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Cricket World Cup breaks digital viewership records, sets stage for ad spending to shift to apps

17 April, 2015

With 14 million downloads and a combined audience of 87 million unique users between Starsports.com website and its Hotstar app, it appears India’s sports-viewing has quietly turned the corner when it comes to digital usage.

“Success in the last two months has given us confidence that India is ready for a mobile app,” says Ajit Mohan, head of digital, Star India, adding that the numbers recorded are the “highest ever aggregation of users for a sporting event on digital.” 

More importantly, perhaps, is the assertion by Star that 60 brands and advertisers signed up with Hotstar. While Star declined to disclose ad revenues, an independent analyst said: “Star might have earned upwards of Rs 30 crore from advertising revenue across its digital platforms from the cricket world cup.”

This analyst, who works with a broking firm, declined to be named because he is not authorised to speak to the press. 

Says Star’s Mohan of advertisers: “The message that we hear from them is that they have found a place where they can back premium content.” He expects the viewership for the ongoing Pepsi Indian Premier League 2015 to reach over 100 million views via Hotstar alone. 

Hotstar was launched on February 1, just two weeks before the World Cup. 

Star also estimates that the World Cup, where India was eliminated in the semi-finals, generated 340 million video views within India, setting some new single-match records.

With the rising number of smartphone users in India, the growth in digital viewership appears to have reached an inflection point. According to a study by networking company Cisco Systems in February, India had 140 million 

smartphone users in 2014, and this is expected to quadruple to 650 million by 2019.

“Mobile will be the defining medium for digital media” predicts Jehil Thakkar, head of media and entertainment at KPMG in India.

“There are still 100 million people who (now) have the ability to watch videos,” on their phones in India, estimates Star’s Mohan.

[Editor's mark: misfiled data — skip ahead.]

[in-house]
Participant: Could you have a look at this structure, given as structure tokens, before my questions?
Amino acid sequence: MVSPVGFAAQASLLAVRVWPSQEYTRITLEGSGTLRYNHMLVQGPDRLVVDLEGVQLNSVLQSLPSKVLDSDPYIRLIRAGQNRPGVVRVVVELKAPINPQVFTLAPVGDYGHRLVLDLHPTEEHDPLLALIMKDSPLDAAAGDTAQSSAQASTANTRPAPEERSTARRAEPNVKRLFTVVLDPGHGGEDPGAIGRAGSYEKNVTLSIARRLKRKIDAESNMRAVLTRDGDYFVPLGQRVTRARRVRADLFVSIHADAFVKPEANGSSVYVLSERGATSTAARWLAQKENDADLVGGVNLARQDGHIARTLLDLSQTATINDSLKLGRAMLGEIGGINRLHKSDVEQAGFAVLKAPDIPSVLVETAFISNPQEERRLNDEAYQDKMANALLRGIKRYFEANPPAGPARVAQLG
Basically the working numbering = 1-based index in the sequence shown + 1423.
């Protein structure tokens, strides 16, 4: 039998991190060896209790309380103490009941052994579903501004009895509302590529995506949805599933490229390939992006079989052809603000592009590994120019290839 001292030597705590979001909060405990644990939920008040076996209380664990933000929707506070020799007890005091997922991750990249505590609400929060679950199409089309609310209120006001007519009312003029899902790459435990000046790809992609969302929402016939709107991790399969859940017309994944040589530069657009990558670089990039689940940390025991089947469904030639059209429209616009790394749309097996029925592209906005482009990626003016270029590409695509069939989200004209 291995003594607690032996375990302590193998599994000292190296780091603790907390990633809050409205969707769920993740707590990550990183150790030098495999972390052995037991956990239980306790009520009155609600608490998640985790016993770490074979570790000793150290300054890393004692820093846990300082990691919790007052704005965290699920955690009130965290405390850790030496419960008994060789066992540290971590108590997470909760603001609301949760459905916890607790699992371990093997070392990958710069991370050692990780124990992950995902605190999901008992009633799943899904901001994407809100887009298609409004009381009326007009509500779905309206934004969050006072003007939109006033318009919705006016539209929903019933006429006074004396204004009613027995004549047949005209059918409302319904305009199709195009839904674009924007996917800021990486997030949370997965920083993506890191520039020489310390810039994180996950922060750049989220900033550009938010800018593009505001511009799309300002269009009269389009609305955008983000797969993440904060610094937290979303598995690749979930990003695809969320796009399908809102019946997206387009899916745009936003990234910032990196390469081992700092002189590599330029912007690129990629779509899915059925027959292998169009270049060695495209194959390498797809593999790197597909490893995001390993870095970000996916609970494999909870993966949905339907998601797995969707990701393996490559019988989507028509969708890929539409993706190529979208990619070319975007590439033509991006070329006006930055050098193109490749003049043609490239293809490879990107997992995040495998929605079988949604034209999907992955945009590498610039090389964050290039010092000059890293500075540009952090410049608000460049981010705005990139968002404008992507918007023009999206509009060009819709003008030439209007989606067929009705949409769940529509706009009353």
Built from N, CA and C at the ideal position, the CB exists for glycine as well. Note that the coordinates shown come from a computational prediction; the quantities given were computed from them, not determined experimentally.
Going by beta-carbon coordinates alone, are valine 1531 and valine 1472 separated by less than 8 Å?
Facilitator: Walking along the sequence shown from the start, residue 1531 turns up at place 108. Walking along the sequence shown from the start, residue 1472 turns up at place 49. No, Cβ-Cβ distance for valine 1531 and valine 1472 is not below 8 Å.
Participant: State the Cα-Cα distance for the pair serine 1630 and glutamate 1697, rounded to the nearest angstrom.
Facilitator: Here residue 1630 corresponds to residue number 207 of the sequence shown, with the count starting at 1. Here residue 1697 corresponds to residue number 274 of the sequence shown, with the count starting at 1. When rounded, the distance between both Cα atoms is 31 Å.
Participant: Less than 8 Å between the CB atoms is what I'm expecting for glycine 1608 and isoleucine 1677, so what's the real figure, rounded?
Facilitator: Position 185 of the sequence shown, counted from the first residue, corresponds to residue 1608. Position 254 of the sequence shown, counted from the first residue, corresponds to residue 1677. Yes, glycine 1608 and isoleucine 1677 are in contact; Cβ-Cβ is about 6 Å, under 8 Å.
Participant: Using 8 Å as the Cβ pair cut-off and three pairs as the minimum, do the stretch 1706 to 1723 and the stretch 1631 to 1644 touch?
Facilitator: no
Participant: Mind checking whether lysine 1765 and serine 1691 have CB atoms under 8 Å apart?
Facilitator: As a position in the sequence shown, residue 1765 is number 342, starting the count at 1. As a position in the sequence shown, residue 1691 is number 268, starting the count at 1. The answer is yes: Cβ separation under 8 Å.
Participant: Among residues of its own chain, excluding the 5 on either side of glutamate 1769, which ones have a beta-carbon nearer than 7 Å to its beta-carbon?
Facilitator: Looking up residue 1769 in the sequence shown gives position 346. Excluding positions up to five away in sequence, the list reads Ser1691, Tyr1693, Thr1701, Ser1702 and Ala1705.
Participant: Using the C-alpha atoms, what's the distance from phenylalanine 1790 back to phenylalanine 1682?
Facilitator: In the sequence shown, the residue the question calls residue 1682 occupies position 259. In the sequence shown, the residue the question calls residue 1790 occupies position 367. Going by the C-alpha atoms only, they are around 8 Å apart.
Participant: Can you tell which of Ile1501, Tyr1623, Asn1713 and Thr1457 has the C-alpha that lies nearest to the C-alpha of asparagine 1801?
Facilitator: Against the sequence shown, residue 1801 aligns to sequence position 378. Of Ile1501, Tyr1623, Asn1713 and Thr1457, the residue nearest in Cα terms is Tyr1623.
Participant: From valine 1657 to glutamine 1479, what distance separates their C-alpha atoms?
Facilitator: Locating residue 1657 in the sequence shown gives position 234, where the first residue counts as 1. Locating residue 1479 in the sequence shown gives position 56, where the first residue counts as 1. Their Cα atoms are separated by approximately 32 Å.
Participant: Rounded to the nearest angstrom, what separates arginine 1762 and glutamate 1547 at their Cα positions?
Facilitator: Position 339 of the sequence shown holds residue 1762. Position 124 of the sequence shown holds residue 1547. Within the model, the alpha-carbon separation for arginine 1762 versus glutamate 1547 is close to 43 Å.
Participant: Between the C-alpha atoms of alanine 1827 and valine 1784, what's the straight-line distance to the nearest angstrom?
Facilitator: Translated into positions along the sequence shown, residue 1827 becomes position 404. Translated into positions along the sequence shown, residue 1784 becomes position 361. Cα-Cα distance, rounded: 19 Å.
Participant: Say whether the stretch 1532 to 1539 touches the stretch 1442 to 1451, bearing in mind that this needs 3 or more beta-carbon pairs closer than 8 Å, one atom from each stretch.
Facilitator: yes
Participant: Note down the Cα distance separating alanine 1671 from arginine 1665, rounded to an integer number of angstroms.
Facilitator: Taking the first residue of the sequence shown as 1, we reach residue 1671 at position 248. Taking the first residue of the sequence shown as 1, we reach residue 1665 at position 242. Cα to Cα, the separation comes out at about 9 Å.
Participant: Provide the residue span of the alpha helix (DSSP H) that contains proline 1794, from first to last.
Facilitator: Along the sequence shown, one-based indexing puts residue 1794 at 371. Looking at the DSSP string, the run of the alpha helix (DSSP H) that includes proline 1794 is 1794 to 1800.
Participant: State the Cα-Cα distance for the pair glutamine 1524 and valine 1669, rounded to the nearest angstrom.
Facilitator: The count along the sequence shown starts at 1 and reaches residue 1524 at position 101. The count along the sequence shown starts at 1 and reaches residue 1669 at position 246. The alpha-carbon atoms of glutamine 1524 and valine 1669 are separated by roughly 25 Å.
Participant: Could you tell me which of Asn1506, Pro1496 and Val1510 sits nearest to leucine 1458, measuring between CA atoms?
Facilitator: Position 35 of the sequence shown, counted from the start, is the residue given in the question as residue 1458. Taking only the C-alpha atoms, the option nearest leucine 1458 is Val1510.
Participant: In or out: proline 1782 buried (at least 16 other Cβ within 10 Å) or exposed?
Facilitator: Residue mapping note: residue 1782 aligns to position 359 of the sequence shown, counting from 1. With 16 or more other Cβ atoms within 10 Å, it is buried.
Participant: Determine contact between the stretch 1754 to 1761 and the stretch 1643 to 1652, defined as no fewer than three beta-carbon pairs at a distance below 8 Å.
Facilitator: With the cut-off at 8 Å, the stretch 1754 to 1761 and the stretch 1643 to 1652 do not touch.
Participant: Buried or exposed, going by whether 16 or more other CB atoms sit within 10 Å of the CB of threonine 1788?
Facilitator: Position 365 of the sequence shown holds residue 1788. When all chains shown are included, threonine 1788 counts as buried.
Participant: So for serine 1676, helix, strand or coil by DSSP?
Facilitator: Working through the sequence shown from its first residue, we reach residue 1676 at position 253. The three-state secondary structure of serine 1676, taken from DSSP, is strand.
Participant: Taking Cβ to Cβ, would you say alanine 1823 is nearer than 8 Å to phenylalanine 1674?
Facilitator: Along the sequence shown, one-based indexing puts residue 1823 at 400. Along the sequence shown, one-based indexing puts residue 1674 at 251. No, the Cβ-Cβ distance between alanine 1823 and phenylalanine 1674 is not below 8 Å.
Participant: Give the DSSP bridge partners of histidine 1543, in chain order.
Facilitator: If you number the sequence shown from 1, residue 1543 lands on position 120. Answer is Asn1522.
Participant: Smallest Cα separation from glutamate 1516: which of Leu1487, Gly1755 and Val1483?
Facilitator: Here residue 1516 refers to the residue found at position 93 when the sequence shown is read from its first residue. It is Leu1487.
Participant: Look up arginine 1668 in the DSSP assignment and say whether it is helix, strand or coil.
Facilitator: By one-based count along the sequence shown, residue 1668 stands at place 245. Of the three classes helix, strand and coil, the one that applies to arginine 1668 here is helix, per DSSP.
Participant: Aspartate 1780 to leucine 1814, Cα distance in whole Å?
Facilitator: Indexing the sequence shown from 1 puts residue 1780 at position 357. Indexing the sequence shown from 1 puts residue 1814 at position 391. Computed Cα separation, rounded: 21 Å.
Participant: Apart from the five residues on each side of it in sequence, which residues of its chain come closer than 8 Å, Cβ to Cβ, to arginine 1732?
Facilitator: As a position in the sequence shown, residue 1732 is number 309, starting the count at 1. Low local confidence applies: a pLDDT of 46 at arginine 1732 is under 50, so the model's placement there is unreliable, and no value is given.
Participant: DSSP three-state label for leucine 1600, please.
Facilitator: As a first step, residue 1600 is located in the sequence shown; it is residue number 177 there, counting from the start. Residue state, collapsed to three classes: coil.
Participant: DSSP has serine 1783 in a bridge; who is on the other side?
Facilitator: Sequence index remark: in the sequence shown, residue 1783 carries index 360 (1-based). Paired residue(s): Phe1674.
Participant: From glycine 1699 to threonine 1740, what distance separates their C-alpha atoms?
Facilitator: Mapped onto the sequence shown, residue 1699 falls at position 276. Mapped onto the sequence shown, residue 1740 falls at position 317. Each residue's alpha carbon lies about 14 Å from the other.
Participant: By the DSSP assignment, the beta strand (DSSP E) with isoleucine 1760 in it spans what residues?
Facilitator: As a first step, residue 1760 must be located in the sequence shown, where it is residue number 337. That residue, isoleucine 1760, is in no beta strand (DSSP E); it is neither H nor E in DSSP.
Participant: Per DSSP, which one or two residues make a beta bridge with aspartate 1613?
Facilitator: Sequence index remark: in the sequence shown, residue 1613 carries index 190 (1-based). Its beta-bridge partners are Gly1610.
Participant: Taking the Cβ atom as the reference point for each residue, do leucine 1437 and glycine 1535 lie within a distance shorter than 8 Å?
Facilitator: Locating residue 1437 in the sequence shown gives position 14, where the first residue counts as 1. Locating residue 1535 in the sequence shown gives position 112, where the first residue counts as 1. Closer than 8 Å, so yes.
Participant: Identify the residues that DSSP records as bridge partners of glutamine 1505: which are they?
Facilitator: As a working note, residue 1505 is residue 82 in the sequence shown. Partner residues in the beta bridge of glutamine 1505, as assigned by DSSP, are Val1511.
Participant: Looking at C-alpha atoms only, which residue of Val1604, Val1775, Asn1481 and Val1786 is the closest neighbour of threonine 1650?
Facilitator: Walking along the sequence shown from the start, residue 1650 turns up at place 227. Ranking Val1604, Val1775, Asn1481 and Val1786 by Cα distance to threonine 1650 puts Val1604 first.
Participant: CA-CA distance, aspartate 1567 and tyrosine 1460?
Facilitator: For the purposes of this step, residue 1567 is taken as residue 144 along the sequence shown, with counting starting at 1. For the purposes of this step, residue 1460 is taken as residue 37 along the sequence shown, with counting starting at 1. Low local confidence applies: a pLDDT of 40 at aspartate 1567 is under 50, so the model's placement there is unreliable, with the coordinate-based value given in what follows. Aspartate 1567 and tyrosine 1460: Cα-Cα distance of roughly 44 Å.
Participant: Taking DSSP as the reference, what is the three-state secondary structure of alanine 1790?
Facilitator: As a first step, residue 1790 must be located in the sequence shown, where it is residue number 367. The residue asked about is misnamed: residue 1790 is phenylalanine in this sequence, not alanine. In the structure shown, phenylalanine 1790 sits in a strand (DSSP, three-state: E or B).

Hotstar’s performance isn’t a true reflection of the entertainment content being consumed on digital platforms in India.

“Star has really put its weight behind Hotstar by giving premium content (live sports) free to consumers. Also, its strategy of launching just ahead of the World Cup has worked as is evident from its initial traction,” says the media analyst at the broking firm who didn’t want to be identified. He adds: “What has really worked in favour of Star is that it has chosen to monetise the app only through advertisements which is a significant shift from what other OTT (over-the top) apps in the space do.”

Even though this strategy might have not gone down well with the direct-to-home and multi-system operators (MSO), who actually pay for that content, consumers would have loved it as any premium content offered almost live at no extra cost, is very compelling, according to him.

Currently, Star’s digital platform team is focused on making Hotstar more user and advertiser friendly with more curated content, and smoother streaming even in low bandwidth. 

So does higher viewership on digital mean a bigger share of ad dollars shifting from TV to the digital platforms?

“The overall pie of digital media is increasing. Mobile and videos are the major growth enablers,” said Nitesh Kumar, vice president (North), Resultrix, a digital marketing agency owned by the Publicis Groupe.

Also display advertising or the advertising on the web banners has gone down by 4 per cent, while the same has grown at a rate of 56 per cent for mobile videos, according to Kumar.

According to digital marketing consultancy eMarketer’s latest forecast of ad spending worldwide, less than $1 billion will go toward digital ads in India this year, even though spending on formats served to internet-connected devices, including PCs as well as mobile devices, is growing by double-digit rates.

The report said this year’s 27 per cent growth will bring digital to 14.2 per cent of total ad spending in India. That’s still the third-smallest share worldwide, ahead of only Argentina and Indonesia. But by 2019, when more than a quarter of ad spending in India will be digital, the country will have pulled ahead of several others, including France, Spain, Italy and Brazil, by this metric.

According to FICCI-KPMG Indian Media and Entertainment-Industry Report 2015, the Indian digital advertising industry grew 44.5 per cent from Rs 3,010 crore in 2013 to Rs 4,350 crore in 2014.

Star India is owned by 21st Century Fox, which was formed following the split of News Corp into two separate companies. News Corp, which runs publishing education, digital real estate and information companies, acquired the parent of this website in March.

(Edited by Joby Puthuparampil Johnson)


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Cricket World Cup breaks digital viewership records, sets stage for ad spending to shift to apps

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